Every job at the South Pole has unique challenges. Utility technicians walk maintenance rounds through every outbuilding and the main facility each day—7 miles (11 kilometers) on foot, most of it outside or in unheated wings of the station. The fuel specialists spend 9 hours a day, in a subterranean minus 50 F (minus 45 C) fuel arch, cleaning out steel fuel tanks the size of small swimming pools with five gallon (18 liter) buckets and scrub brushes. Plumbers come face to face with overflowing sewage lift stations, satellite communications engineers have to listen to the incessant groans and whines of those wanting faster internet, and the cooks have to turn 10- year-old frozen peas, skirt steak and spinach into something edible and tasty.
While on paper, battling the cold while standing in ankle-deep ponds of diesel fuel or preparing a freezer-burned pork shoulder without poisoning the entire station may sound like the most challenging of tasks one could be assigned in Antarctica, they are not. In fact, compared to being the galley’s dishwasher, they are a walk in a park on a sunny afternoon in Seattle, with a sugar cube under your tongue and a vanilla milkshake in your right hand.
Like all the hardest jobs out there, the South Pole Steward tends to be a self-recruited position. Only the baddest of the bad, bare knuckle boxers, bounty hunters and Alaskan barmaids choose to apply. They have the right type of mental strength for the gig, and see a year at the South Pole as a way to take a vacation from an otherwise dangerous, violent, nicotine-fueled life, without losing “street cred” among their peers back home. To work as the dishwasher at the South Pole is to “give zero [expletive deleted]”, and any man, women or kid who can manage to become that unfettered in life can do anything—not the least of which is scraping burnt bacon grease off cookie pans for 40+ hours a week.
Jennah, the South Pole Steward, is no bounty hunter, but she can throw a mean right hook, (or so I’m told), a skill that she may or may not have used in the past while working as a bartender at a dive bar in rural Alaska. She is petite, tattooed and into indie-rock and classical music, which she blasts all day through a pair of black Logitech computer speakers that sit on a high shelf in the back of the dish-pit, her work center.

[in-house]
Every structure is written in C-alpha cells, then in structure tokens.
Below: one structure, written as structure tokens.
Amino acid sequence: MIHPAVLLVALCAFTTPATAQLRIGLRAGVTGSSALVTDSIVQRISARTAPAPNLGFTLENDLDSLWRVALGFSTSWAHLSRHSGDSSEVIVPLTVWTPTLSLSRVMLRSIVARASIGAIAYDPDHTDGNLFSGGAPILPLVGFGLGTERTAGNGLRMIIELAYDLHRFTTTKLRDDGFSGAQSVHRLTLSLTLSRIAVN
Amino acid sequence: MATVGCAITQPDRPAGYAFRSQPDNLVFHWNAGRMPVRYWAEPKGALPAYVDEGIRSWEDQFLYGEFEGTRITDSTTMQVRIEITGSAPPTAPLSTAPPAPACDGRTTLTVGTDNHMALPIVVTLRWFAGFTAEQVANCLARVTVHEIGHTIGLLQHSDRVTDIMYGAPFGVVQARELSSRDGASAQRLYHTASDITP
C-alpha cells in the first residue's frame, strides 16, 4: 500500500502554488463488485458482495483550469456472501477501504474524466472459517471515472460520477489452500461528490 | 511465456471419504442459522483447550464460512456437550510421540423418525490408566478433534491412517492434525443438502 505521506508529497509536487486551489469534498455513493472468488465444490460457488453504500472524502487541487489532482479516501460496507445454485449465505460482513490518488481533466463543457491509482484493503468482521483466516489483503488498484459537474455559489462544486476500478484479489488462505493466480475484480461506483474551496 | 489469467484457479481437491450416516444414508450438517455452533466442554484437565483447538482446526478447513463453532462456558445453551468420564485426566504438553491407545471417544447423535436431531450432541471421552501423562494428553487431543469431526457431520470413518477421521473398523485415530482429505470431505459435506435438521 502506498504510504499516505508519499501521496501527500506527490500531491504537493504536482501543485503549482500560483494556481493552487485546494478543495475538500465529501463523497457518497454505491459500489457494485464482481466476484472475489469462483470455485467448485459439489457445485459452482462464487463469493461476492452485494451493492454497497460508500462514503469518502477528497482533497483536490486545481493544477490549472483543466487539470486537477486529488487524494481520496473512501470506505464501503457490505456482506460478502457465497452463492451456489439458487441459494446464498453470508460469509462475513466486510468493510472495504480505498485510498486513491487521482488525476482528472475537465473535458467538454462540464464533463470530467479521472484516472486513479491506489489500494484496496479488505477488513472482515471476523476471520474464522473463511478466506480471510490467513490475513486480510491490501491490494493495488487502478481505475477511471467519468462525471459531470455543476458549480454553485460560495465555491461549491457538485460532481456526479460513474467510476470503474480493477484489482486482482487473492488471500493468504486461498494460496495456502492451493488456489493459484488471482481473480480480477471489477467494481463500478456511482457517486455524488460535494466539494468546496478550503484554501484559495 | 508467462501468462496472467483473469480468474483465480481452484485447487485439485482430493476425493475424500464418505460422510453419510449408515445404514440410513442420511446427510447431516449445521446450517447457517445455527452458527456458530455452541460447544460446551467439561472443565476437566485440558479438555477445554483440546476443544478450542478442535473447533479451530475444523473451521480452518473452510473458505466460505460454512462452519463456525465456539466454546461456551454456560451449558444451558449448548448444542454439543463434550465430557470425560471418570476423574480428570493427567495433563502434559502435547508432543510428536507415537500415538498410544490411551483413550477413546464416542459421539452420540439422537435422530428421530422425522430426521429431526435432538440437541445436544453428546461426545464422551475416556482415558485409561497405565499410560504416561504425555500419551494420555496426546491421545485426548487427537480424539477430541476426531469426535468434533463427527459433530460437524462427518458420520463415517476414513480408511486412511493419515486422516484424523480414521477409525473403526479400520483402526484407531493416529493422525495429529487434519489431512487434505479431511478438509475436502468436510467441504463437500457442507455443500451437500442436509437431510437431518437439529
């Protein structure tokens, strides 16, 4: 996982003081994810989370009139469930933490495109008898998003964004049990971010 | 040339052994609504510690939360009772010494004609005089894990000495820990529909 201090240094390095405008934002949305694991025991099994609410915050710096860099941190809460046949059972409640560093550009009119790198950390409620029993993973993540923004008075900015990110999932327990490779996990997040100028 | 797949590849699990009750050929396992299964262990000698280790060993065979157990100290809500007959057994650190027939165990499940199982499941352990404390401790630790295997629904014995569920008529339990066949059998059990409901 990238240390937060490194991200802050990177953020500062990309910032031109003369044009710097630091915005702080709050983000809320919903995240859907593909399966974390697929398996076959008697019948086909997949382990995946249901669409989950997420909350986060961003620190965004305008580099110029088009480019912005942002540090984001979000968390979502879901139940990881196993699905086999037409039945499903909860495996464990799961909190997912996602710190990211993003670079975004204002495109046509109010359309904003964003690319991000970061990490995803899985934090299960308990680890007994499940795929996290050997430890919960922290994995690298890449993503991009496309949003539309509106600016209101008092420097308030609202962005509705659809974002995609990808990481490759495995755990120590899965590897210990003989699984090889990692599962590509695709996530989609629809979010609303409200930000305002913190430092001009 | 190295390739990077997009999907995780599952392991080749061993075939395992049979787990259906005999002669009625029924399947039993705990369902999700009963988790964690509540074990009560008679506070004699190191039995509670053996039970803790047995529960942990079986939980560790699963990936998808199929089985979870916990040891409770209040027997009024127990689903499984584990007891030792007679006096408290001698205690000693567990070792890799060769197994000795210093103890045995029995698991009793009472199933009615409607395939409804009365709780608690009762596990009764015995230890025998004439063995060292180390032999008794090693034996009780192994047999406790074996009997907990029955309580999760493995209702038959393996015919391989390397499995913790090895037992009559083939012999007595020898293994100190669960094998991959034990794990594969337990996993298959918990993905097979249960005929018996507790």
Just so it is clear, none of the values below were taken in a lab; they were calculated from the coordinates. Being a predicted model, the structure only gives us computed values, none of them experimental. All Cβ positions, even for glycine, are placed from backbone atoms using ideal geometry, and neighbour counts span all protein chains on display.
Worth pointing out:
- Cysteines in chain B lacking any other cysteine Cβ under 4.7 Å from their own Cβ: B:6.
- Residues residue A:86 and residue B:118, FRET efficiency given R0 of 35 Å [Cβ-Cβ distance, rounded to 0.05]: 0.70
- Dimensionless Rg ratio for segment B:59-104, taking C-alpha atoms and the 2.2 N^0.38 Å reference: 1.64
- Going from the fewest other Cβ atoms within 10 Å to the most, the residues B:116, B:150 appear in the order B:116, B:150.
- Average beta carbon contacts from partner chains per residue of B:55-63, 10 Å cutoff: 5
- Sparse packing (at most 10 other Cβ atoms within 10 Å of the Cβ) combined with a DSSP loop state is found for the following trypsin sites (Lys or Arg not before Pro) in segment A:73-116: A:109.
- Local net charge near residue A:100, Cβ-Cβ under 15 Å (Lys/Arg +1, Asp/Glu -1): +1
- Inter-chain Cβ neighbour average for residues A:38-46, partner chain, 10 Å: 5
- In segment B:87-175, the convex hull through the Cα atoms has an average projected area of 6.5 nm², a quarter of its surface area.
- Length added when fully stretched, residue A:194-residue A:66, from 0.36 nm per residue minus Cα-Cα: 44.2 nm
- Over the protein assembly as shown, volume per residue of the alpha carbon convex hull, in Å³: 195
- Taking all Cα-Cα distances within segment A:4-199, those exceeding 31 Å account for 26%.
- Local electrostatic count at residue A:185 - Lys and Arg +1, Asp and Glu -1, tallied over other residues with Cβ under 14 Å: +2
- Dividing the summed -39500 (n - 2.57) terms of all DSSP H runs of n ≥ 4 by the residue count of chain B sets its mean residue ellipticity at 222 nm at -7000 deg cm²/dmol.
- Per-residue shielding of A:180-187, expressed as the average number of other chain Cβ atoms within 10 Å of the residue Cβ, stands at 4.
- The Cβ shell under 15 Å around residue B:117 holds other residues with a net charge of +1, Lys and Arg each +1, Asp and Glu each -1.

For five days a week, breakfast and lunch, from 5 in the morning until 4 in the afternoon, she cleans the plates, cutlery and culinary mess of 48 people. It’s a gross, soulless, demanding job—but somehow she manages to get through her weeks without losing it. She is probably the only one on station with the psychological fortitude to do what she does.
During the evenings and weekends, dishes are done by the community. This gives Jennah a break—so she can attend to other janitorial needs around the station.
Dish-pit duty is split evenly among all those working at “Pole” (including scientists), making it approximately five weeks between your turns in the pit. Since the start of winter, the rotation has cycled three times, and I have spent three long evenings cleaning plates, taking out trash and using a paint scraper to excise burnt cheese off of aluminum pans. By the time the floors are mopped, stainless steel sink sterilized, plates re-stacked and silverware sorted, I’m exhausted and disgusted by all things food. It’s in this moment – when all I want to do is sit down on an overstuffed leather couch, light a cigarette and drink a high gravity Trappist beer – that I realize working as a scientists has made me soft, and no number of sub-zero marathons, years at sea or back alley brawls will make me as tough as a South Pole Steward.
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